Since Schriever’s last State of the Base update in September, the installation has redeveloped its strategic plan, gained seven satellites, disposed of four, and is focused on changing its culture and operations to prepare for a space war, according to base leaders.
Last week, veterans, Colorado Springs Mayor John Suthers and other civic leaders gathered for the Air Force base’s biannual address to hear about new missions and priorities, including updates on the top secret Joint Interagency Combined Space Operations Center.
Schriever’s revised mission statement: Operating space and cyber systems to provide global combat effects.
“The words I want you to key in on are ‘cyber’ and ‘combat effects,’” said Col. DeAnna Burt, commander of the 50th Space Wing and the Schriever installation.
The 3,840-acre base, with the largest restricted area in the entire Air Force, has typically operated in a peaceful, benign environment — until now, Burt said.
“With the Chinese and Russians really pursuing counter-space capabilities, we have to ask, ‘Are we prepared if required to fight in space?’” she said. “No one wants a war in space because of debris and concerns for humanity. Taking out the Global Positioning System wouldn’t just be a military problem, but also a civil one.”
That’s why staying ahead of the enemy is critical, Burt said.
“We fight from this installation, and our infrastructure is critical to what we do,” she said. “We have to stay ahead of anyone who wants to contest in the domain so we can continue to operate and provide combat effects. If you go to a flying base, they pick up airplanes and head down range — they don’t fight from the installation. We do and it’s a different mindset.”
In the past, Schriever has primarily focused on its space mission, but the reality is the base can’t operate in the space enterprise without cybersecurity, making it integral to everything the base does, according to Burt.
“If I do not have a network and communications to command and control a satellite, I can’t do anything,” she said.
And despite the increased threat, the base must also deal with decreased budgets. Innovation is the only way the base’s mission can survive in today’s fiscal environment, with fewer people and funds at Schriever since sequestration in 2012.
“We have to evolve the force and master the domain,” Burt said. “Every day we fight downrange with ISIL or a future-nearcompetitor, it’s going to be a multi-domain fight — air, land, sea and space. It’s not one domain but all working together.”
Schriever will also handle qualification training to certify space operators, with the new class beginning April 1.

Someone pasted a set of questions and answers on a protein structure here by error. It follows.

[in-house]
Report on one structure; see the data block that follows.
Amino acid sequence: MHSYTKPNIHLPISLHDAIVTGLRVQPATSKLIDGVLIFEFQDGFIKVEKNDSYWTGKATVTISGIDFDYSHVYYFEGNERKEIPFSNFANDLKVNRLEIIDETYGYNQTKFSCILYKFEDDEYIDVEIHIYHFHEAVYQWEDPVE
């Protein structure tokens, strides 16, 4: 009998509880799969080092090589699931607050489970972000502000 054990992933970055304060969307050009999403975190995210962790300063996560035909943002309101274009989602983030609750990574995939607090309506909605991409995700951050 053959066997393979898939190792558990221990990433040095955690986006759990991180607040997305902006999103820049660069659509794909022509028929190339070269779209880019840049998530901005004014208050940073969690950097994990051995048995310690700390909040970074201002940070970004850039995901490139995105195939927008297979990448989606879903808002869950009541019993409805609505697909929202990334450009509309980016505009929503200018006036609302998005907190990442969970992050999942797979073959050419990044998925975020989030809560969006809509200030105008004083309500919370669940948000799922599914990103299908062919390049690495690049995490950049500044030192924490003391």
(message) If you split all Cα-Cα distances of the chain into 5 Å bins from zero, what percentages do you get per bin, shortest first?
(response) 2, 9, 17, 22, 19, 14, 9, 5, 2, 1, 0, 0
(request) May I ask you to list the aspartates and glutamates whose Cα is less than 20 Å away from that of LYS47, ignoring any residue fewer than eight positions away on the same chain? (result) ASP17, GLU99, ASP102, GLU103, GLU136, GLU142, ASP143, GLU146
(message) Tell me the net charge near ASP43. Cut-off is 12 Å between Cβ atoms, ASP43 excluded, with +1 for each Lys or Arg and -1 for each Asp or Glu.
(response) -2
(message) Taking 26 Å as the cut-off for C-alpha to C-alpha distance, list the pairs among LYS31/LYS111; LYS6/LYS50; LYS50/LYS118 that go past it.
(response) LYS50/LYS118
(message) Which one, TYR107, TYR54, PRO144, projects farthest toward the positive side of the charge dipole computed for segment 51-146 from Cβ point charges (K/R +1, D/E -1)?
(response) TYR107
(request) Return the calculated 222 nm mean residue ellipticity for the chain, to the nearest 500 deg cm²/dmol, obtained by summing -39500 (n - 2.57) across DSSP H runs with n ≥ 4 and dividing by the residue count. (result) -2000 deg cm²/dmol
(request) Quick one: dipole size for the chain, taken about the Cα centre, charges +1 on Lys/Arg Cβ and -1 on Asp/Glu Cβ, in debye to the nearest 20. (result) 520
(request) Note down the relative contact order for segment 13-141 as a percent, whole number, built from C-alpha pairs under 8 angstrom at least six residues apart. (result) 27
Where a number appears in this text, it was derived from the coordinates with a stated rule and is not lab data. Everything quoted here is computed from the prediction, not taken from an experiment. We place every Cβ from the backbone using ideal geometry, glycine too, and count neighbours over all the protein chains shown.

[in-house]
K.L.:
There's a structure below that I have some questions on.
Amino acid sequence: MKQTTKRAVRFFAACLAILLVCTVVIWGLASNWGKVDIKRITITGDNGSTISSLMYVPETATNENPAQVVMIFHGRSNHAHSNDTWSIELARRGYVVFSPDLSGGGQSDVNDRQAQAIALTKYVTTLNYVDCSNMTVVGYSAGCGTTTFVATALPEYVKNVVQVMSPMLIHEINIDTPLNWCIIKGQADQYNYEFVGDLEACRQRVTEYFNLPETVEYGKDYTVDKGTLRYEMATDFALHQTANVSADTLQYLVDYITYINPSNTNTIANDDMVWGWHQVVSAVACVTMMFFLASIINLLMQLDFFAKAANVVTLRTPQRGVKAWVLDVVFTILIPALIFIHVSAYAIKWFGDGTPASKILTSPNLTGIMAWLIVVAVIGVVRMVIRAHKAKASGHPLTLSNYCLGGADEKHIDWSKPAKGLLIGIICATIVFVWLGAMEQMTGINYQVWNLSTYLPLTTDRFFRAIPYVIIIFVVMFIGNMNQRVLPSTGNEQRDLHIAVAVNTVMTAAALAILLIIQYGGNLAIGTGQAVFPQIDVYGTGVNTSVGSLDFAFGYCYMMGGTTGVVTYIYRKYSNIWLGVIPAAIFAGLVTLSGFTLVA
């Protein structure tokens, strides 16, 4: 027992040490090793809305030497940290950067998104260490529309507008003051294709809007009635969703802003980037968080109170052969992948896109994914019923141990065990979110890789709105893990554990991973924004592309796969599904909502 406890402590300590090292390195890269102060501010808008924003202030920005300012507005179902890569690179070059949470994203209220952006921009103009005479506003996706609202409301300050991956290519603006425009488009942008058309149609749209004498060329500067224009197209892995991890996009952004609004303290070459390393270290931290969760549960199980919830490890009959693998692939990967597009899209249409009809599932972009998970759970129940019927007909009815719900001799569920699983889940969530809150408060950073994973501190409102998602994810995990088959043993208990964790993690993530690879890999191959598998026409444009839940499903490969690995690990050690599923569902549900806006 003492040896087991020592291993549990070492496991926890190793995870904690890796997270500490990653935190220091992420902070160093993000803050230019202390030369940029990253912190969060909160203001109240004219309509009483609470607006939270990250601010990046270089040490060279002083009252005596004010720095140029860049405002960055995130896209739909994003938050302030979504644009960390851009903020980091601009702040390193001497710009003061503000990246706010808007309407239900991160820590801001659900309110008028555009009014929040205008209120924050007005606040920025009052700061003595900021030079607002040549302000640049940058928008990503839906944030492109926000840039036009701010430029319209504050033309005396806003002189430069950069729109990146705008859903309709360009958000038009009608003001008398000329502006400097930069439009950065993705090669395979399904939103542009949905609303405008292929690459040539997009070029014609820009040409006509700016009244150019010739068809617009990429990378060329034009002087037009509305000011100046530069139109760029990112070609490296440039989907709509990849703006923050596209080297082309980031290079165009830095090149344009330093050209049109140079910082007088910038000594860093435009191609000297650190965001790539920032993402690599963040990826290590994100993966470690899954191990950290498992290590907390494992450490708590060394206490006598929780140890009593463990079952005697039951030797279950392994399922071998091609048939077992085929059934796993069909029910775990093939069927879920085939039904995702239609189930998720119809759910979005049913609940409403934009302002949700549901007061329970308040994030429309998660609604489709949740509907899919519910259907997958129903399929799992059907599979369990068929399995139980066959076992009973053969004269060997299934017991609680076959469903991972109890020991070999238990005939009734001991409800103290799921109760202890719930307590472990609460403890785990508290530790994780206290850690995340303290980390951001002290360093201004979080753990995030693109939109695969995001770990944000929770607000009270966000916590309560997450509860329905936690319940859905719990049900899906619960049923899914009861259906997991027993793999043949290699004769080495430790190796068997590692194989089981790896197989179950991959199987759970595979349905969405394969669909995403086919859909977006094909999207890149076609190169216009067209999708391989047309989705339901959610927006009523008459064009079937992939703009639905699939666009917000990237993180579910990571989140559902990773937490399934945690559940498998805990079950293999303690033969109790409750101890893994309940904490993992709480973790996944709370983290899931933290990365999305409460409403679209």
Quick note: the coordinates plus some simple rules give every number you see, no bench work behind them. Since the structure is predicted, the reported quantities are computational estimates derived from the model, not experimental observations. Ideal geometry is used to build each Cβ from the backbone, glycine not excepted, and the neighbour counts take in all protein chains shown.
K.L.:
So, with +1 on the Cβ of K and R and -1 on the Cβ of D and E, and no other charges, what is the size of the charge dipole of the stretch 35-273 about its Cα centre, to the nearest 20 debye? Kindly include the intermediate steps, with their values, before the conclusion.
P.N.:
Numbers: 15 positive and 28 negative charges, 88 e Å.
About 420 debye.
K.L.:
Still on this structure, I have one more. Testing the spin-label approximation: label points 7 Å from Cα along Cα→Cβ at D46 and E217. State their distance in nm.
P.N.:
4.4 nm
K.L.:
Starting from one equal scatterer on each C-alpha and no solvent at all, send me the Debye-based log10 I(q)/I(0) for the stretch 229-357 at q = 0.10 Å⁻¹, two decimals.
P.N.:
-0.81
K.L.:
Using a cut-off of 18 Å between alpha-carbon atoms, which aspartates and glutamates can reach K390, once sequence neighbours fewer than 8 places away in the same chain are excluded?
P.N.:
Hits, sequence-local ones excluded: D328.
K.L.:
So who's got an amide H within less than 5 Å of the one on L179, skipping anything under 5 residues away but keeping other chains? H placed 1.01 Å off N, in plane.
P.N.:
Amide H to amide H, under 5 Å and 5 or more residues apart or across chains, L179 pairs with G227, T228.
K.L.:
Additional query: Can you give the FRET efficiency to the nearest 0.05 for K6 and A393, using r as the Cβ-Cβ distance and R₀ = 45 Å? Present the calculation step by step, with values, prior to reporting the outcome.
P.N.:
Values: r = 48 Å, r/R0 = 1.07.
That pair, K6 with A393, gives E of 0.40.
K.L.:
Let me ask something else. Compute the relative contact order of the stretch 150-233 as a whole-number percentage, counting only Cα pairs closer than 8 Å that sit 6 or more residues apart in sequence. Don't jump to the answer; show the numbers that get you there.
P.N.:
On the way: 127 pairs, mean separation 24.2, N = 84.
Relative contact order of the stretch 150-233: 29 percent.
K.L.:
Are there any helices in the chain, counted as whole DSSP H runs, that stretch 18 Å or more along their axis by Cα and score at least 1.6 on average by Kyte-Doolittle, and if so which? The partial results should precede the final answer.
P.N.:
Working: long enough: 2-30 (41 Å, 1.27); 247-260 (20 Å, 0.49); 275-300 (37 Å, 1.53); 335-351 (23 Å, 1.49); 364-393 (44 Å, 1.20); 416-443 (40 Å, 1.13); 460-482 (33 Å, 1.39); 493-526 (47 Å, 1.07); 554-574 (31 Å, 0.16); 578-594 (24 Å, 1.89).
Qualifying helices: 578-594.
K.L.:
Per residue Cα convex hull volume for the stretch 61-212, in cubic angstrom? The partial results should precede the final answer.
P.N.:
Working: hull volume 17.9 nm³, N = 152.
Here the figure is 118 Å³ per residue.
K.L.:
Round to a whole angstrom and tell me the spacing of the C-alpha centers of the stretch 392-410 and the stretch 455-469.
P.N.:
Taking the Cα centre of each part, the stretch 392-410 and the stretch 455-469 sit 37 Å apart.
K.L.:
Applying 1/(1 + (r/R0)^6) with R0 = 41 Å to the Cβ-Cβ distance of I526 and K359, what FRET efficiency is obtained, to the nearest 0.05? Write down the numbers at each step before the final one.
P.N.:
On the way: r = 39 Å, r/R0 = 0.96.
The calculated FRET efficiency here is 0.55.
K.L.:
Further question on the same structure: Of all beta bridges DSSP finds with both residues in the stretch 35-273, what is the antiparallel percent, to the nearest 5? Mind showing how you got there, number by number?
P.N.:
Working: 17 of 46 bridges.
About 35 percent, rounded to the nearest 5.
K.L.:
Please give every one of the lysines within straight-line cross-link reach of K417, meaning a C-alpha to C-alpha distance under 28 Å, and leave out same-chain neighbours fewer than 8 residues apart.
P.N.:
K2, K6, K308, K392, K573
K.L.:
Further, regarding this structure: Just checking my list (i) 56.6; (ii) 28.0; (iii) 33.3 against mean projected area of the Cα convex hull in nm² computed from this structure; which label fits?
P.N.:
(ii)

“Historically, airmen would attend undergraduate space training at Vandenberg Air Force Base, Calif., but now, all will directly come here for it,” Burt said. “That gives us tremendous flexibility. Now the courseware is much more responsive to what is happening on the ground and we are able to directly influence something by owning the training.”
The base also started a classified center at Schriever that stood up in October that is composed of members from U.S. Strategic Command, U.S. Air Force Space Command and the intelligence community. Its intent is to facilitate information sharing across the national security space enterprise and was very successful in its initial phase, Burt said.
Schriever houses the center, but it is not a part of the 50th Space Wing.
“In a matter of four months they spent $16 million, putting together contracts as a special access program facility,” Burt said. “That is an unheard of speed, but with high-level support, those are the amazing things we can get done.”
The center is in its experimental phase with three experiments down and one more to go.
The implementation phase begins fiscal year 2018.
“A lot of space players are coming in and out of the base, and it has visibility to the highest levels,” Burt said. “In my opinion, if this takes off and the new administration supports this, I think it’s going to be a big growth area for Schriever and Colorado Springs.”
Col. Kel Robinson is assistant to the director in the Missile Defense Agency at Peterson Air Force Base and for the Missile Defense Integration and Operations Center at Schriever.
“We have a big role in homeland ballistic missile defense,” he said. “Our current system is a ground-based, mid-course defense system with radars and interceptors that allow us to literally hit a bullet with a bullet in space, three times the altitude of the space station.”
These missiles will continue to be a threat because they’re getting cheaper, and more accurate, Robinson said.
“It’s going to be pretty clear that there will be a continued appetite by the nation and DoD to continue with a ballistic missile program, and Colorado Springs is a big part of that,” he said.